Dubai: Microsoft’s acquisition of LinkedIn, by paying around 50 per cent premium, has raised several eyebrows but it could bolster the software giant’s slipping grip on corporate computer systems.
Microsoft had a grip over corporate computing with its Windows operating system and Office suite but the growth of the mobile devices and the cloud has put its traditional dominance under attack.
Moreover, Microsoft, known for overpaying for its acquisitions, have raised questions too.
It has written down the entire $7.2 billion paid for Nokia and the $6.3 billion shelled out for online advertising agency aQuantive. The results of $8.5 billion acquisition of Skype have been underwhelming and Yammer has been a mixed bag, but that were sealed by Microsoft chief executive Satya Nadella’s predecessor, Steve Ballmer.
The $26.2 billion LinkedIn deal is the biggest ever for Microsoft as Nadella focuses his attention to corporate customers with cloud services and productivity tools.
Last year, the bright spot for Nadella has been its acquisition of Mojang AB, which developed “Minecraft” video game, for $2.5 billion.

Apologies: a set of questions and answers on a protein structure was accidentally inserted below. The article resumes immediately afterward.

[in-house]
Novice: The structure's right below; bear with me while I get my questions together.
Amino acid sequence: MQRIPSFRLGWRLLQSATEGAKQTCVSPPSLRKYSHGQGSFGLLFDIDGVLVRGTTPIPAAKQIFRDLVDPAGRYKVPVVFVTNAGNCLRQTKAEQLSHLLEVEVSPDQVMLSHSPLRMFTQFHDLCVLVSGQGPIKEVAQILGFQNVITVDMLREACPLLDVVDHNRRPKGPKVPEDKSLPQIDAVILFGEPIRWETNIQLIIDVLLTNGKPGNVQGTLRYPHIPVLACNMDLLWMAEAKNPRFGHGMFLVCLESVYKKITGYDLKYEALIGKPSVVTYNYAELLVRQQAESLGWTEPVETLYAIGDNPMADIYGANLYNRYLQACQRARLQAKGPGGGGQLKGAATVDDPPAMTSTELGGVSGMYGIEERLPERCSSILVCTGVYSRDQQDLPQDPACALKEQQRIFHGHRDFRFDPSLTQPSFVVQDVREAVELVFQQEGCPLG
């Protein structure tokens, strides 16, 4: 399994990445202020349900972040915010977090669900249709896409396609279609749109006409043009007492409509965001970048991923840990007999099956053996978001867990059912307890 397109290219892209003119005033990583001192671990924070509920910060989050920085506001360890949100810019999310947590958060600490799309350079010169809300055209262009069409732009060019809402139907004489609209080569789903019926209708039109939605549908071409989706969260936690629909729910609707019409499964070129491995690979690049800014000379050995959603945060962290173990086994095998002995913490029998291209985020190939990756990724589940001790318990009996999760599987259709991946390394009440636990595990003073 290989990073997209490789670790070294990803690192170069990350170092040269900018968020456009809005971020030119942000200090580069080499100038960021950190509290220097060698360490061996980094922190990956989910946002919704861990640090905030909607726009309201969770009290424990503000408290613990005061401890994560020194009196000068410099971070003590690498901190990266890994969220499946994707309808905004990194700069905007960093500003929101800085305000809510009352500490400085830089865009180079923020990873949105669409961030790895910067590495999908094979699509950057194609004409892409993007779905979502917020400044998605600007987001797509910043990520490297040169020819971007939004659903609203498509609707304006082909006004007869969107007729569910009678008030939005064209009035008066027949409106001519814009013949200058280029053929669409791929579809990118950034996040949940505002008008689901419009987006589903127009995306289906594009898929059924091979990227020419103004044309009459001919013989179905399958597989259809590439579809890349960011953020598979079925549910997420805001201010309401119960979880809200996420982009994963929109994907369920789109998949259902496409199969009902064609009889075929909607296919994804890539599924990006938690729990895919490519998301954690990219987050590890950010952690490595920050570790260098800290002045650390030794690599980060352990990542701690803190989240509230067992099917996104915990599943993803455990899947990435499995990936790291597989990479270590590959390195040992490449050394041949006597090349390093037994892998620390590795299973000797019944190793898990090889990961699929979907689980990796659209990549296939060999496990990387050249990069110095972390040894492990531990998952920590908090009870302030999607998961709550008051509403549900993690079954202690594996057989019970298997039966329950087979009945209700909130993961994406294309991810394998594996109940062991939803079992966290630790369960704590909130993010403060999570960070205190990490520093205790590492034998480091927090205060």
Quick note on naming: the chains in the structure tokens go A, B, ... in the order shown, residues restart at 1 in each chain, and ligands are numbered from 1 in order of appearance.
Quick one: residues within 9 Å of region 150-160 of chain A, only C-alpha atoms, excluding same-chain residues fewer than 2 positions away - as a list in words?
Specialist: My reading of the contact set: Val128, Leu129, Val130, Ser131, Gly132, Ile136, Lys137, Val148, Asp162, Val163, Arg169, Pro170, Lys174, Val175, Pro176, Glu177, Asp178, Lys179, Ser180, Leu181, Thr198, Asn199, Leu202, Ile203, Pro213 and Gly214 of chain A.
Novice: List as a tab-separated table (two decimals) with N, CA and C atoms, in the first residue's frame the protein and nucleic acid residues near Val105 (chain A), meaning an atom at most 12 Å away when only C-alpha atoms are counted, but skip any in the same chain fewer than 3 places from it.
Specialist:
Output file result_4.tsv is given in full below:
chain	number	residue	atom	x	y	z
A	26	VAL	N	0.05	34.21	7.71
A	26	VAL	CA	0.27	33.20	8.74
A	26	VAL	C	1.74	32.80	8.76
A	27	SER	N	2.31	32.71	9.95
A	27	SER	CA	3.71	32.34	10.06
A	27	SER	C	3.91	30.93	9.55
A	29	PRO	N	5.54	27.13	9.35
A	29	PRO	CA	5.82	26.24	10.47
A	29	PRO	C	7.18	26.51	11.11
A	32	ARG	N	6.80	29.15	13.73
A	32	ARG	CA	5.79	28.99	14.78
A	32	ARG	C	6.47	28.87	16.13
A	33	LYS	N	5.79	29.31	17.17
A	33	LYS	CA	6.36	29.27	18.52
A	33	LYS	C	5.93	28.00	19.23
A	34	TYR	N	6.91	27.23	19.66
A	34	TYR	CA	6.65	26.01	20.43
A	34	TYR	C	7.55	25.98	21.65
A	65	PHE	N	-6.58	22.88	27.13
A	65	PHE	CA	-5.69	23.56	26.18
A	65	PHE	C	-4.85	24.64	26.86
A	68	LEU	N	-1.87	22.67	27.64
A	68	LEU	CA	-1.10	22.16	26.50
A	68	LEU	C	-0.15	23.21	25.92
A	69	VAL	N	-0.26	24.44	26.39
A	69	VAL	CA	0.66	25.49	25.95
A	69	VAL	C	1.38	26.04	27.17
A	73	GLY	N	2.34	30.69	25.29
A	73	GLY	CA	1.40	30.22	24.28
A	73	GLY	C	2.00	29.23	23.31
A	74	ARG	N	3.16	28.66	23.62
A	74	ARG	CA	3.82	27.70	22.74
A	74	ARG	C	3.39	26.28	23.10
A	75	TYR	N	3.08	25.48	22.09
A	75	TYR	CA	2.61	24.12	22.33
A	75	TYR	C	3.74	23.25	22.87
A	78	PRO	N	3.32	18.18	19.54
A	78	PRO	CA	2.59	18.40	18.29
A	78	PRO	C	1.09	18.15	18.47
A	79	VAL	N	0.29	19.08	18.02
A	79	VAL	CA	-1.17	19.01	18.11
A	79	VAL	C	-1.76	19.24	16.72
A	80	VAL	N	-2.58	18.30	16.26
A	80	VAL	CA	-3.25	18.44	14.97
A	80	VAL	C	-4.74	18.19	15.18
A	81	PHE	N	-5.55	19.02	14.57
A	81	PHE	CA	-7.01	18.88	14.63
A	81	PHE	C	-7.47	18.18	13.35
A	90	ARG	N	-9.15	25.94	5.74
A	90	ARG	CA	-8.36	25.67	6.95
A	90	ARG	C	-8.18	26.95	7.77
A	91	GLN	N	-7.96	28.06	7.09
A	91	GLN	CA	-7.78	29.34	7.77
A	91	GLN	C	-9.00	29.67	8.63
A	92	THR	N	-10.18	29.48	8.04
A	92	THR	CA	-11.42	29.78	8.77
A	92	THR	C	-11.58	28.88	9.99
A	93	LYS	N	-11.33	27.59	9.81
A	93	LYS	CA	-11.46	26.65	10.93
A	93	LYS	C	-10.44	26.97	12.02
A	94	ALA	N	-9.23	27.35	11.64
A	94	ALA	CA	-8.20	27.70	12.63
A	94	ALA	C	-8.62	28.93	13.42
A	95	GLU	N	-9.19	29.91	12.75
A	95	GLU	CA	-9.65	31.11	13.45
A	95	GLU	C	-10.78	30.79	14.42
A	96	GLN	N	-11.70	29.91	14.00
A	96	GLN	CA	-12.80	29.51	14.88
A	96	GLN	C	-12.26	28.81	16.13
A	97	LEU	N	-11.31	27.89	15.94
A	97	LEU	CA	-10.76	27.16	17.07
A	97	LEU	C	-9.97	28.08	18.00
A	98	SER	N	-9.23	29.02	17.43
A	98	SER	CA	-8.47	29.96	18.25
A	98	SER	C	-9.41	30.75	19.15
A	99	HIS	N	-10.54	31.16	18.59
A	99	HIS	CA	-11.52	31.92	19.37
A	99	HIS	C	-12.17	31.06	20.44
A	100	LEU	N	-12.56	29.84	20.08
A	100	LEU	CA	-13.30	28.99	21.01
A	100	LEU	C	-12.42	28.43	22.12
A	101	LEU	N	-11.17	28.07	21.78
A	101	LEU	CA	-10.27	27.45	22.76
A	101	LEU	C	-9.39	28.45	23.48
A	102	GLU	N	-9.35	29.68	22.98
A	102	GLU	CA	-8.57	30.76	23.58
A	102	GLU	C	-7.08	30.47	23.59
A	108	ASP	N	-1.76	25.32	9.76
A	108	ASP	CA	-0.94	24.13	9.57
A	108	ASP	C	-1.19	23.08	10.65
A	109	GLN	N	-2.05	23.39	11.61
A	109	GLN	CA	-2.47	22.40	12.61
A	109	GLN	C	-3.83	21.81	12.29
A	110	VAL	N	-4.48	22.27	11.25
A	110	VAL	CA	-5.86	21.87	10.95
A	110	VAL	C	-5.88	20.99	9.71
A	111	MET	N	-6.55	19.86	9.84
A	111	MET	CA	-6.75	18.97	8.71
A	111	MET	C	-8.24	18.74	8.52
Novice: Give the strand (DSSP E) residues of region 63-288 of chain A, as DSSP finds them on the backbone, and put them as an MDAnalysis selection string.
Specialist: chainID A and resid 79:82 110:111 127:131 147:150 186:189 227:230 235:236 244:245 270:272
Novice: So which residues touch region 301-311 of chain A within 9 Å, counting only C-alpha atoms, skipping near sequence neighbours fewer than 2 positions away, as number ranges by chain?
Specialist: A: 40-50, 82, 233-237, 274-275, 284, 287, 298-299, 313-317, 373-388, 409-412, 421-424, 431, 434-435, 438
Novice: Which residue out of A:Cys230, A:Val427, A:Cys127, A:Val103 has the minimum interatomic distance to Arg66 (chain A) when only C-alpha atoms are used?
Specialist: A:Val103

“It’s an interesting deal. Microsoft sees opportunities to grow in sectors they have been absent from. There are synergies in terms of technology that they can exploit as well,” Sukhdev Singh, associate vice-president at market research and analysis services provider AMRB, told Gulf News.
He said that LinkedIn had a strong performance over the last few years. As of fourth quarter 2015 results, it had an earnings before interest, tax, depreciation and amortisation (Ebitda) at around 30 per cent, and a year-on-year growth of around 30 per cent, it is a growing company and a fast growing industry segment too.
Unlike Nokia, he said, the LinkedIn deal is more for returns and increasing its business breadth.
LinkedIn, a treasure trove of professional data with 433 million members, including 105 million active monthly users, is struggling to grow its user base when compared to Twitter’s 305 million and Facebook’s 1.65 billion monthly users.
Singh said that there are synergies in terms of using technology backbone that Microsoft can provide and LinkedIn’s revenue-focused business model. “The Microsoft reach will benefit in more ways for LinkedIn. At the same time, having a social linking within the software makes its more powerful,” he said.
Another interesting addition, he said, is in Lynda.com. Microsoft now has access to Lynda.com, a training videos channel that LinkedIn took over a few months back.
More tech companies will become a takeover target this year. Singh said that Twitter’s performance over the last few years, unlike LinkedIn has not been all that well. They have struggled both in generating revenue growth as well as user base.
However, according to Singh, Microsoft’s deal had an impact on Twitter stock, which moved upwards by more than four per cent. Given the need to integrate social presence with software, and the fact that Microsoft has LinkedIn in its portfolio, the odds of Twitter being taken over this year are higher than ever.